Where does it come from and how do you make it right?
By Gwyneth Doland
From a reader: “I wuz wonderin' if you could tell me where Spanish rice comes from. This is a question that has bugged me for some time. Is rice actually cultivated in New Mexico? If not, how is that it has become a staple but other Spanish imports such as olives, saffron or garbanzos are not? Also, why is it called Spanish rice since as far as I know it is unlike rice in Spain? If you could tell me I'd appreciate it. Thank you, Ben.”
What, have you not seen the rice paddies of Belen, Ben? Just kidding. I seriously doubt that rice is grown anywhere in the high desert of New Mexico. Rice cultivation takes water—a lot of water—and we simply don't have that much of it. But as for the origin of Spanish rice, the answer is more complicated. An afternoon of research reveals that pretty much everyone claims to have invented Spanish rice, except the Spanish. No, Spain makes no claim on the tomato-based dish that bears its name. Mexicans, New Mexicans, Texans, Southerners, Cajuns and Africans all have recipes that involve cooking rice with onions and tomatoes.
What a coincidence, right? Who would ever have guessed that more than one person would fry up some rice with tomatoes. It's shocking, really. No, not really.
The basic idea for this dish is to take medium or long-grained white rice, sauté it with onions in olive oil (better yet, bacon grease or the grease left from frying chorizos), add water or stock and tomatoes. Optional ingredients include carrots, peas, chiles, bell peppers, cilantro and cumin.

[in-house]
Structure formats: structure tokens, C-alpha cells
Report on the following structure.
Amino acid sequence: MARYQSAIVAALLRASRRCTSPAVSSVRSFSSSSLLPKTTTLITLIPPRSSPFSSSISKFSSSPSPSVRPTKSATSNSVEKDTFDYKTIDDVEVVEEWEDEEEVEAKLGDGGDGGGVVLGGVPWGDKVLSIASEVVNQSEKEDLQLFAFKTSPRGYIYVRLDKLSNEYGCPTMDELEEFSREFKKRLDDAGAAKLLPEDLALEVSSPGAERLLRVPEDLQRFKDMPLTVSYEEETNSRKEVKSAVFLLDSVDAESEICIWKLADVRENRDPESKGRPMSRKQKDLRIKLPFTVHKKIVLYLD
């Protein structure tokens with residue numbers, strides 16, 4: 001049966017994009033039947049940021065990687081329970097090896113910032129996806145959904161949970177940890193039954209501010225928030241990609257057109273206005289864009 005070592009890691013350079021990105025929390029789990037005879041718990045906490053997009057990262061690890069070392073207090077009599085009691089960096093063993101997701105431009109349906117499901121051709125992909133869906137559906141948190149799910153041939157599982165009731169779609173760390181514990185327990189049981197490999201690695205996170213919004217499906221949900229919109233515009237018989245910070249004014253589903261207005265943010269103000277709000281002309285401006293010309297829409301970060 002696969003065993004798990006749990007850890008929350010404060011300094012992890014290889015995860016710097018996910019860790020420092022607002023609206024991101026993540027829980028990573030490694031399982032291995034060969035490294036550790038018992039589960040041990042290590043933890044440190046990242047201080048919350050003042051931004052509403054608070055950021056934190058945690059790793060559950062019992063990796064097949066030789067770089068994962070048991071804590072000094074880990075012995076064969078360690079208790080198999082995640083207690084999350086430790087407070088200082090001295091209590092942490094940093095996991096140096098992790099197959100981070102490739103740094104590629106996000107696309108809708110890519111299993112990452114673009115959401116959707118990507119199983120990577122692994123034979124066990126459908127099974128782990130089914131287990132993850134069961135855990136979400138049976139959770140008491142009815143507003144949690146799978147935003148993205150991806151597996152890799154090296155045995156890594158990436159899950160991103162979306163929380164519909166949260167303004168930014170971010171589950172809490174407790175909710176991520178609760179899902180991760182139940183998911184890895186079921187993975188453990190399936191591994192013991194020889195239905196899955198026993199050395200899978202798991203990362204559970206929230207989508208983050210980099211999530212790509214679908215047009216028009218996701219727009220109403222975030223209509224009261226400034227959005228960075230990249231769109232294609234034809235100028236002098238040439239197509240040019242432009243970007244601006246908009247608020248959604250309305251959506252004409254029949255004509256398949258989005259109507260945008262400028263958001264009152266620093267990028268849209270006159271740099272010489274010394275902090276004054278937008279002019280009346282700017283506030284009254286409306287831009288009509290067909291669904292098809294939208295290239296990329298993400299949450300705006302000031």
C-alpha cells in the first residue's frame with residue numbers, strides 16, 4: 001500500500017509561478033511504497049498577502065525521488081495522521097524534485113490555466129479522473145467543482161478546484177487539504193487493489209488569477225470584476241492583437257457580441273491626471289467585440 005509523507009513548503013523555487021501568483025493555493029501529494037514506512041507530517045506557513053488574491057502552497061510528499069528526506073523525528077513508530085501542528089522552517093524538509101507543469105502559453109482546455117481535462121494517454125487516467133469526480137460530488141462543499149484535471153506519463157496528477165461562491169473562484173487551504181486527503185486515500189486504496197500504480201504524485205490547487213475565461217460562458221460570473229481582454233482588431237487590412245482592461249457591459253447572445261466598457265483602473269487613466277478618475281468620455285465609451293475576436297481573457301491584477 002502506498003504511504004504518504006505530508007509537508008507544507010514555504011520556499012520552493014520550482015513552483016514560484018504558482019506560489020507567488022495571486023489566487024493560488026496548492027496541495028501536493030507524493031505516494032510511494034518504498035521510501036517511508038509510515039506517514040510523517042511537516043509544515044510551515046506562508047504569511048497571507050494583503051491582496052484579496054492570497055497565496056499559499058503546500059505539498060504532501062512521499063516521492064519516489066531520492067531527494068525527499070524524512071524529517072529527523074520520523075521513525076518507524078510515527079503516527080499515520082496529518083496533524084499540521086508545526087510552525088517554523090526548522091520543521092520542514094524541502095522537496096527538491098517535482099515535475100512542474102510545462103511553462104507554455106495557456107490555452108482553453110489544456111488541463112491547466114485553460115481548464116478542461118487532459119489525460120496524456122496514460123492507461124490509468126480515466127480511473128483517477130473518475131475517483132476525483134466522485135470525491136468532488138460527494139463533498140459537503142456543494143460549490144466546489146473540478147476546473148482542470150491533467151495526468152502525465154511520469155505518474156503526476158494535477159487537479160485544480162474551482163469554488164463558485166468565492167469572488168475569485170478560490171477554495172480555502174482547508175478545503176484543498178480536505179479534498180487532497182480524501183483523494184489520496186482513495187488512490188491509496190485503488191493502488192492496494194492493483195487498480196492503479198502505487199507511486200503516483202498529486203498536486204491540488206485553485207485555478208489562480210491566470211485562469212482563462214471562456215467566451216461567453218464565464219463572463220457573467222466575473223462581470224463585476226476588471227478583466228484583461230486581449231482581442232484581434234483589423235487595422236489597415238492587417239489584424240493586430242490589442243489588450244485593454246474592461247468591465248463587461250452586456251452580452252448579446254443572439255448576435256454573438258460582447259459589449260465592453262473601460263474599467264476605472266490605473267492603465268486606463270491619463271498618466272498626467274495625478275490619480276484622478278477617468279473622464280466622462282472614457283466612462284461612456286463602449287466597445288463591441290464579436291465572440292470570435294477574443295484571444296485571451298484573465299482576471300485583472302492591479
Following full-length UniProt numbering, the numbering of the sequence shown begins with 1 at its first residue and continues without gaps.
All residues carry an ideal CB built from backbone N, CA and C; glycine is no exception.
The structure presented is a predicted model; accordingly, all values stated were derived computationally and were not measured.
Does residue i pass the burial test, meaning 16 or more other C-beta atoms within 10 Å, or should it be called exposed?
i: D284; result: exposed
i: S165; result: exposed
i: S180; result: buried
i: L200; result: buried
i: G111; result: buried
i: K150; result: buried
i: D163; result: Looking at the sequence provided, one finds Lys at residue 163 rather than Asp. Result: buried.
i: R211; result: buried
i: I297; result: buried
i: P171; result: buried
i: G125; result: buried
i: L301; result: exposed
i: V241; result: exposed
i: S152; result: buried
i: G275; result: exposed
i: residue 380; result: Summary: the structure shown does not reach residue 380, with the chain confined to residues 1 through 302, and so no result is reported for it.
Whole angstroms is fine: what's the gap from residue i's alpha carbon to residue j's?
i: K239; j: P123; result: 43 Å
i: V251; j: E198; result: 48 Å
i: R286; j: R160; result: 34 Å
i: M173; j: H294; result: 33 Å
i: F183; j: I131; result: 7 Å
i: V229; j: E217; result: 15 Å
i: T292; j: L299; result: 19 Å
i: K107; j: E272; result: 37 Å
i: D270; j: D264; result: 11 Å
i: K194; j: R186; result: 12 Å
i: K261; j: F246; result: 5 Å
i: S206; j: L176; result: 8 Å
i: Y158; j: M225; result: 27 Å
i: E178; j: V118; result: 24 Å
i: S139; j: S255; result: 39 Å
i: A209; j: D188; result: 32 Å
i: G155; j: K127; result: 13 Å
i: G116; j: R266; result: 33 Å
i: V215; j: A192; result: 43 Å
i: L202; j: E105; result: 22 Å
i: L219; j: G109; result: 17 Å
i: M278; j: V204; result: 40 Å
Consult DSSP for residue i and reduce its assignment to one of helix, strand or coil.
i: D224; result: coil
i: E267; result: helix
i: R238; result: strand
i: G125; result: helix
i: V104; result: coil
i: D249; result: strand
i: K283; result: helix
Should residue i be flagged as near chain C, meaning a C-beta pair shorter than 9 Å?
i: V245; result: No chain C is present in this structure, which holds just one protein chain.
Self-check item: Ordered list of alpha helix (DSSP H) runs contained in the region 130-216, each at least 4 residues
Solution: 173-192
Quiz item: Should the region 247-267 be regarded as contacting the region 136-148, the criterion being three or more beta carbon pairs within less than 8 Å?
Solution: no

It's a simple dish that is abused by mediocre restaurants serving bad rice tossed with just a kiss of bland tomato sauce. They probably figure that they can charge more for a plate of enchiladas if they're served with Spanish rice rather than plain white rice. Some restaurants do it well and certainly it's possible to make great Spanish rice at home. Try this method.
You can also substitute brown or basmati rice, but watch closely as the cooking time will change. Feel free to add some ground cumin but avoid oregano. Warm tomatoes and oregano together will always remind you of spaghetti sauce. I like a touch of smoky chipotle in the rice.
2 tablespoons olive oil or bacon grease
1 1/2 cups long-grained rice
2 medium onions, finely diced
1 1/2 cups red, yellow and green bell peppers, finely diced
2 cloves garlic, minced
1 (15-ounce) can crushed tomatoes, with juice
2 cups chicken, beef or vegetable stock
Paste from a can of chipotles in adobo
1) In a large, heavy-bottomed sauce pan, heat oil or fat over medium heat. Add rice and sauté, stirring constantly, until rice turns translucent.
2) Add onoins, bell peppers and garlic. Sauté until onions are softened.
3) Add tomatoes, stock and a small amount of the chipotle paste—you can always add more later. Stir well and bring to a boil.
4) Reduce heat and simmer, covered, about 20 minutes. If all the liquid has been absorbed into the rice, it's done. If not, put the lid back on and keep cooking for a few more minutes.
5) Fluff with a fork and serve. If you have leftovers, serve them for breakfast with fried eggs and chile.
NEWSLETTERS Great Alibi stories, events and deals delivered to your inbox each week. No fooling!
Spanish Olive Oil Tasting at National Hispanic Cultural Center
Alfonso J. Fernández López and Alberto Moya Carraffa teach how to appreciate the different flavors and textures of olive oil. Reservation recommended.
Bread and Song at q-Staff Theatre
Shrub to Cup: Coffee Basics at Prosum RoastersMore Recommended Events ››